I Think My Patient Is Being Trafficked

Roxanne Nelson, RN, BSN


September 24, 2019

Hard figures are difficult to come by, owing to the elusive nature of the crime. The International Labour Organization estimates that globally, there are nearly 25 million people in forced labor. Women and girls account for 99% of those in the commercial sex industry and 58% in other sectors.

In the United States, an estimated 44,000 trafficked persons were identified and assisted in 2014, but this may be a vast underestimate.

Speaking at TEDMED 2016, Susie Baldwin, MD, MPH, from the Department of Public Health in Los Angeles County and president of the board of directors of HEAL Trafficking, pointed out that according to estimates from the US State Department, "we've only managed to identify 1% of the people trafficked here. Human trafficking is a hidden crime, and we are not the best detectives."

In the United States, human trafficking is also big business and the fastest-growing criminal enterprise in the nation. A trafficker can earn up to $300,000 per victim, and the industry as a whole is valued at an estimated $32 billion each year. By comparison, the annual revenue of Starbucks is only $19 billion.

Human trafficking is an "equal opportunity" scourge, and victims come from diverse socioeconomic, education, ethnic, and cultural backgrounds, as well as all age groups and genders—including transgender persons. Trafficked individuals often need a complex and wide-ranging array of healthcare services, owing to the nature of the abuse.

In addition, many present with illnesses and problems that are beyond what would normally be expected given the person's age and gender, and the fact that they are living in the United States.

All healthcare providers should be aware of and educated about the signs of potential human trafficking, explained Jordan Greenbaum, MD, medical director of the Child Protection Center at Children's Healthcare of Atlanta, Georgia. "In general, the most likely places are the ED and outpatient clinics, but people are seen in all types of clinical settings."

Greenbaum pointed to a case where a minor was being sex trafficked by her father and was seeing her gynecologist in his office. "I've also worked with kids who have chronic diseases and are being seen by specialists," she said. "So everyone needs training."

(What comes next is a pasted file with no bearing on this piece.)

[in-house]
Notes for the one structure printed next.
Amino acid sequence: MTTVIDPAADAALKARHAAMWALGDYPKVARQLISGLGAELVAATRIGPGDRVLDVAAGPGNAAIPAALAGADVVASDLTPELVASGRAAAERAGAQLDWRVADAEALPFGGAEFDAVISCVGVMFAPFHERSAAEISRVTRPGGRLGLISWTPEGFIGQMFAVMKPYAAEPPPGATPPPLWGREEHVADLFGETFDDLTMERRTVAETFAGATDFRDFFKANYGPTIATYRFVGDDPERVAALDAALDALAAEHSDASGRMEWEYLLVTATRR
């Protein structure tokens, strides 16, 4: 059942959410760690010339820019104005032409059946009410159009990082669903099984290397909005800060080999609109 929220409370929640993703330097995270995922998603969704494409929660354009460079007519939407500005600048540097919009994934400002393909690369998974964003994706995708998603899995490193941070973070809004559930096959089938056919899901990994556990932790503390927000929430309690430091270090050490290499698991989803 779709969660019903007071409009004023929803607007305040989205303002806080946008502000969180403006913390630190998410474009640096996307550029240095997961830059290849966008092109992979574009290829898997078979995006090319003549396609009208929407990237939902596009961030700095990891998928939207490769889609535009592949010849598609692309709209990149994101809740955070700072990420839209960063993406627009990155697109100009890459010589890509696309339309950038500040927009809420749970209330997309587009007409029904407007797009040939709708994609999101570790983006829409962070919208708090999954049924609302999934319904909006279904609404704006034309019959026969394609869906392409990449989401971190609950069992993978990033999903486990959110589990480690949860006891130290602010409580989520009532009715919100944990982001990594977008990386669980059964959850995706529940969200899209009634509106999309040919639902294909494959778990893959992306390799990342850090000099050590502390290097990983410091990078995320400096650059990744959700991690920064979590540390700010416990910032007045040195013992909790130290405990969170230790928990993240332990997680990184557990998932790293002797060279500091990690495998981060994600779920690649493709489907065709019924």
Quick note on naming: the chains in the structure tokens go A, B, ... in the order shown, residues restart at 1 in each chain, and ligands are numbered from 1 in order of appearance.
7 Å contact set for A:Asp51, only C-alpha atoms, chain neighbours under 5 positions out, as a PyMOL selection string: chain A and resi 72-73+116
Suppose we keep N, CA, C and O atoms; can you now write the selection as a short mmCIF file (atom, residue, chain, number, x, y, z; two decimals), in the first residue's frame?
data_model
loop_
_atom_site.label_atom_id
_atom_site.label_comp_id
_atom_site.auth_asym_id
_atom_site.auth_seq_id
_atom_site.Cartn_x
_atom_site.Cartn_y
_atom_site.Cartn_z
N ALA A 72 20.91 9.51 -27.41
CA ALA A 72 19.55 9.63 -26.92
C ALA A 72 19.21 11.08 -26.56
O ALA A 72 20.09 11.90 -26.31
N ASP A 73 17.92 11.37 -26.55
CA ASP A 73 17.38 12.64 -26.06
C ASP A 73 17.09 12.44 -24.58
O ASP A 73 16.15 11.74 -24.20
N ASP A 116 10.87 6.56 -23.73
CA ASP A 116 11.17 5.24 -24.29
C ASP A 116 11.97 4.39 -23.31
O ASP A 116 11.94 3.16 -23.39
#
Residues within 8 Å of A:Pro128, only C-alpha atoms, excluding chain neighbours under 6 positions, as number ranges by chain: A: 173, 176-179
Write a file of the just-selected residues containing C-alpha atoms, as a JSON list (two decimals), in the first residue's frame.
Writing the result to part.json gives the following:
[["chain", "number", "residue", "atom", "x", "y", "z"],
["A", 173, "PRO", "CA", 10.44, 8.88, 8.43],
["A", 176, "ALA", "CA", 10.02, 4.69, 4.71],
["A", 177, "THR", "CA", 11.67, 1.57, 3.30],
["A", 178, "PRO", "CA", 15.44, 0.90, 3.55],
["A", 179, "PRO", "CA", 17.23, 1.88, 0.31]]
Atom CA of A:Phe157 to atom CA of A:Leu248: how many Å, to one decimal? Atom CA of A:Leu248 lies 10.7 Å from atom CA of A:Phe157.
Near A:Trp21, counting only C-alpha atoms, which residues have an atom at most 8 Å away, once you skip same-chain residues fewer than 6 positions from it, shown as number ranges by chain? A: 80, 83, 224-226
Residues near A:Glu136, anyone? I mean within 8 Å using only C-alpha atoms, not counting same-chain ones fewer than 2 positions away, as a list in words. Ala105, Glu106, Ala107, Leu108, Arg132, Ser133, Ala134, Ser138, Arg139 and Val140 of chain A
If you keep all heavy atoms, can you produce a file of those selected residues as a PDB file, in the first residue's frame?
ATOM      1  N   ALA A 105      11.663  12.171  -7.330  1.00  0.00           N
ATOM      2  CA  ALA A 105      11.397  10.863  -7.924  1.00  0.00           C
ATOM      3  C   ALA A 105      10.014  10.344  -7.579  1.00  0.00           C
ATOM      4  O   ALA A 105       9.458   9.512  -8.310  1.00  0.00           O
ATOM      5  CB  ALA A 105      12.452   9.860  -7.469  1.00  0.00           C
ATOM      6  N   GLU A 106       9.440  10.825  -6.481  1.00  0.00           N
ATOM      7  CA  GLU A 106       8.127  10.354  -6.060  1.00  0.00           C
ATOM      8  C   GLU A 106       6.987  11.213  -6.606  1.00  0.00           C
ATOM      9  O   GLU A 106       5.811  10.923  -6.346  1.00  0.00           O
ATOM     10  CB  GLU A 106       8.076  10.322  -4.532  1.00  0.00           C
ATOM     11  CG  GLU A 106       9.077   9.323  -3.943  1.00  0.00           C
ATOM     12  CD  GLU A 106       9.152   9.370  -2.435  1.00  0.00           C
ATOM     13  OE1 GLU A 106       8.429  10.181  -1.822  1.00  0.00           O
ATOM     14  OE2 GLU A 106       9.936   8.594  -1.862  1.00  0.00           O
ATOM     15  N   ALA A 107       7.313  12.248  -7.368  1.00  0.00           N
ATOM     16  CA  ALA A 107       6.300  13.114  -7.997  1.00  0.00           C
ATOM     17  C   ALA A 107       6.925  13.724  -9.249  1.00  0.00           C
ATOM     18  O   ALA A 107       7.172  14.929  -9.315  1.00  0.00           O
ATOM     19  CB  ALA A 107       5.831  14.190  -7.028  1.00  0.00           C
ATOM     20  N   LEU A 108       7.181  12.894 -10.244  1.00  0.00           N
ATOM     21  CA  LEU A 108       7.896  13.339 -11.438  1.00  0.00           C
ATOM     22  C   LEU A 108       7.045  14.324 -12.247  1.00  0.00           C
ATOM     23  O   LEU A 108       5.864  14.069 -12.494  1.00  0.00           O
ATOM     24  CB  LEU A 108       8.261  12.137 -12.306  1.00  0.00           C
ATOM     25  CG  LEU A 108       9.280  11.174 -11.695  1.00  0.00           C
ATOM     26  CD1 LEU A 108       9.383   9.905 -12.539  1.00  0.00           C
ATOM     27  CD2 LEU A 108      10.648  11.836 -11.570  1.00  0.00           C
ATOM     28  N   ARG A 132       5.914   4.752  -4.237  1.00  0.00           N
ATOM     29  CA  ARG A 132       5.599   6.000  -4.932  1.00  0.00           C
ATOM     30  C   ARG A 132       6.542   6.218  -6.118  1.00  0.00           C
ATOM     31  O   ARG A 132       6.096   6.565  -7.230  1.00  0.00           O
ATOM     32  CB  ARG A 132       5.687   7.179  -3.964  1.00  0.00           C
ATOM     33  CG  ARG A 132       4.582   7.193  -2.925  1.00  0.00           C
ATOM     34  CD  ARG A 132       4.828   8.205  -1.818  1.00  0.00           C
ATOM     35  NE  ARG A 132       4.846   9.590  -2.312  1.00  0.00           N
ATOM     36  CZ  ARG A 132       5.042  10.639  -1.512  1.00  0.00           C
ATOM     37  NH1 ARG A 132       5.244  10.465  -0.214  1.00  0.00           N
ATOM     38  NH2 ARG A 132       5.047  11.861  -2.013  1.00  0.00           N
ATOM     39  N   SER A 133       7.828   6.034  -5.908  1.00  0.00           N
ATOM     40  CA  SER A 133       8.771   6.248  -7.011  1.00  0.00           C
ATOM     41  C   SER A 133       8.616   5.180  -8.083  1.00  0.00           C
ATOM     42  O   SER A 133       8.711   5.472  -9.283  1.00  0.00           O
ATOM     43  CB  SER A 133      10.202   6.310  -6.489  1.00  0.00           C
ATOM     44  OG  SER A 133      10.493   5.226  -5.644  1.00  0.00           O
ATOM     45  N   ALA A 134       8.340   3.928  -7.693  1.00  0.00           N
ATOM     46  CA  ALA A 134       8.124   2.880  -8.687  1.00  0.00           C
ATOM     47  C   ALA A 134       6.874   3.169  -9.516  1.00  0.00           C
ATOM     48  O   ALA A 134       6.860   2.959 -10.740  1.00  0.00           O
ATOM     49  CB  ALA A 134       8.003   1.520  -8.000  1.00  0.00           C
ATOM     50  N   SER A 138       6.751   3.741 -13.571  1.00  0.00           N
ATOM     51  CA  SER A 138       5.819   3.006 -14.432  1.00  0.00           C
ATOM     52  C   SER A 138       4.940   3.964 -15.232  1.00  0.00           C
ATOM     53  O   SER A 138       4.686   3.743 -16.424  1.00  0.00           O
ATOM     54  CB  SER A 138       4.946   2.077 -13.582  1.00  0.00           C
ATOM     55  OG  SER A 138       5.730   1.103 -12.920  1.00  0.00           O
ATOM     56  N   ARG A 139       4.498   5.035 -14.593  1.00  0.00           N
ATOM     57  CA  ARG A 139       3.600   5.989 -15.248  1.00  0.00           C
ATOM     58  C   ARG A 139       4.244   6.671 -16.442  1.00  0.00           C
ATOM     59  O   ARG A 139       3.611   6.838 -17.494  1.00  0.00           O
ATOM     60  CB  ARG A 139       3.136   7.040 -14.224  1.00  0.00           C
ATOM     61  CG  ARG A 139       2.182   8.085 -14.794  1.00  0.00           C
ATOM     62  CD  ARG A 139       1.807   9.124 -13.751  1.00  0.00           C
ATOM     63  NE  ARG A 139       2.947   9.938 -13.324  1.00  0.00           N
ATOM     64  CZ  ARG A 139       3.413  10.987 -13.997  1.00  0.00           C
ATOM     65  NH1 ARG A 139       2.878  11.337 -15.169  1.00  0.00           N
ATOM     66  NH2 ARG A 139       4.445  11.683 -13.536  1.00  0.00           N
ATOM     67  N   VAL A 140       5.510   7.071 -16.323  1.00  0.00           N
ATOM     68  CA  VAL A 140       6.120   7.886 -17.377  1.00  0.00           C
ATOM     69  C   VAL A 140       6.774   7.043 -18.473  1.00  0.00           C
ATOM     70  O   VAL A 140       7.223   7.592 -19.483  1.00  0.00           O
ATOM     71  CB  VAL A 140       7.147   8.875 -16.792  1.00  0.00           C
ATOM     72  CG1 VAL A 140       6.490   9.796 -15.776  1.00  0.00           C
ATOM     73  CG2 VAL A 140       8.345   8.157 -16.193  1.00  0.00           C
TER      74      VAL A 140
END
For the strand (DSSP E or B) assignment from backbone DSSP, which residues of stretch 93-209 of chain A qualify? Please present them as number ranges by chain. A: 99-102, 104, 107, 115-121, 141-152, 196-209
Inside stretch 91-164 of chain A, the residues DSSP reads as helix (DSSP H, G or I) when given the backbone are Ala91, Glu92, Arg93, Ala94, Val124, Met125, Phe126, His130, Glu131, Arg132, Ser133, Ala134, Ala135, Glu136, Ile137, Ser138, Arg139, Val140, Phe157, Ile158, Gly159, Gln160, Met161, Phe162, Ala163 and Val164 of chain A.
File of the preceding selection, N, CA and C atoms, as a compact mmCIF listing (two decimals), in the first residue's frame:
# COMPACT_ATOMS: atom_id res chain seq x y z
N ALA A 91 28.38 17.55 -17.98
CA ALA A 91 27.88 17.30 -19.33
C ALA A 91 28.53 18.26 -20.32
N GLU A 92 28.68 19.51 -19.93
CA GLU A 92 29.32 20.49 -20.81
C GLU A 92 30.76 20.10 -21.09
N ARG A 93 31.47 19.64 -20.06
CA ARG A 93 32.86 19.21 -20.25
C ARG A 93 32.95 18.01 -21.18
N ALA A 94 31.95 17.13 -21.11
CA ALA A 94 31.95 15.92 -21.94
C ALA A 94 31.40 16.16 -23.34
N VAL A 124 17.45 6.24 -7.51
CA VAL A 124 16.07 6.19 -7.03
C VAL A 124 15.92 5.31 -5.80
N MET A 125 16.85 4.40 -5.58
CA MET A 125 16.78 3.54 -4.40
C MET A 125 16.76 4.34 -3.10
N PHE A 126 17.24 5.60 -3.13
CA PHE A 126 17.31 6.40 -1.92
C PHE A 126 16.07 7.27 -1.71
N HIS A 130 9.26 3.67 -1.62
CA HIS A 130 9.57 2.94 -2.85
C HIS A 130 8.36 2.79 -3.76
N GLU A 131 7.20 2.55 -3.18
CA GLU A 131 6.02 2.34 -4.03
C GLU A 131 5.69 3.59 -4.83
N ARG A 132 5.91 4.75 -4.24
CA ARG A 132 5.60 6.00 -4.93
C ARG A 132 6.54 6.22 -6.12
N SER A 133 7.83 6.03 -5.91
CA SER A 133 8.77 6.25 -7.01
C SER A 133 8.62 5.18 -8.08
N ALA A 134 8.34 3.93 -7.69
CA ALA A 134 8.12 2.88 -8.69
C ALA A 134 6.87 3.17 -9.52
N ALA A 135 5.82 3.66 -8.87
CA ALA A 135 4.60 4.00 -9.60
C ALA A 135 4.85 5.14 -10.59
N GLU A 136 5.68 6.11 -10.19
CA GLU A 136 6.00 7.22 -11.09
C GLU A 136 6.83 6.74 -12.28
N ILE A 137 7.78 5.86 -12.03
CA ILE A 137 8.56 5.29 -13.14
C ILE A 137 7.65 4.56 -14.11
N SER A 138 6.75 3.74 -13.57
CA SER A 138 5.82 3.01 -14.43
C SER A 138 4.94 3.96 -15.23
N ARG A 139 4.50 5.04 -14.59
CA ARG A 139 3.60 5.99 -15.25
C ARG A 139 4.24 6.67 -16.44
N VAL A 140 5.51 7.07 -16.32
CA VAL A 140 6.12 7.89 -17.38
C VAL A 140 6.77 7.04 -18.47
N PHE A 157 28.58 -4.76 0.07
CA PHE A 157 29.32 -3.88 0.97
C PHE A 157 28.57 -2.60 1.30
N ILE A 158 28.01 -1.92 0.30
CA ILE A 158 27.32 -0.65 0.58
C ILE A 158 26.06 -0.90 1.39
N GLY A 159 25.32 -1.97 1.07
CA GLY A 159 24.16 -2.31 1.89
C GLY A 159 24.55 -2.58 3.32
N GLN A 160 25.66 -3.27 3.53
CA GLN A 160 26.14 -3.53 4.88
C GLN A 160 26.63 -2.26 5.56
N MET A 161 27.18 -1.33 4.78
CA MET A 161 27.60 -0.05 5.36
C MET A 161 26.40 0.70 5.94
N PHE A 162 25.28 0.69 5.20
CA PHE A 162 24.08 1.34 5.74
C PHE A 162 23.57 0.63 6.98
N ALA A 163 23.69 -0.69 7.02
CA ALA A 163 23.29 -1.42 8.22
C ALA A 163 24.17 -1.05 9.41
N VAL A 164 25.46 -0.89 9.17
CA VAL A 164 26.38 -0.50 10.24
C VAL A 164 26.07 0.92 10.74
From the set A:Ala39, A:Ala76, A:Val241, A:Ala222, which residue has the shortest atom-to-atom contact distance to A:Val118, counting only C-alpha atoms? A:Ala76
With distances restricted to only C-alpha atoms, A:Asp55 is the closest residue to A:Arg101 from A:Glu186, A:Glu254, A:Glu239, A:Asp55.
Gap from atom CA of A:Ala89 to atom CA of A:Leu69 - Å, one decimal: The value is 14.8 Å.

When and How to Engage

Perhaps the most difficult step for a physician is figuring out what to do and where to turn if trafficking is suspected. How to approach the patient once abuse is suspected will depend on the specific circumstances.

Dignity Health, one of the largest healthcare systems in the nation and the largest hospital provider in California (recently merged with Catholic Health), rolled out an extensive protocol in 2017 to guide staff on how to respond to patients who may be victims/survivors of any type of abuse, neglect, or violence, including human trafficking.

"We have a policy on how to respond to any victim of abuse, including human trafficking," said Gibbs. "What we learned is that it doesn't make sense to have different procedures for different types of abusive situations."

Part of their protocol is the PEARR (privacy, educate, ask, respect and respond) tool, developed in conjunction with HEAL Trafficking and the Pacific Survivor Center and which clinicians can use as a guide for framing their encounters with patients. It offers key steps on how to provide education to a patient and how to offer assistance in a trauma-informed and victim-centered manner.

Privacy is the first step in the PEARR tool and is essential to moving forward with a suspected trafficking situation.

"We need to create conditions that make the patient feel safe, so that they will be comfortable disclosing," said Stoklosa. "But one of the first things is privacy, to speak with the patient alone."


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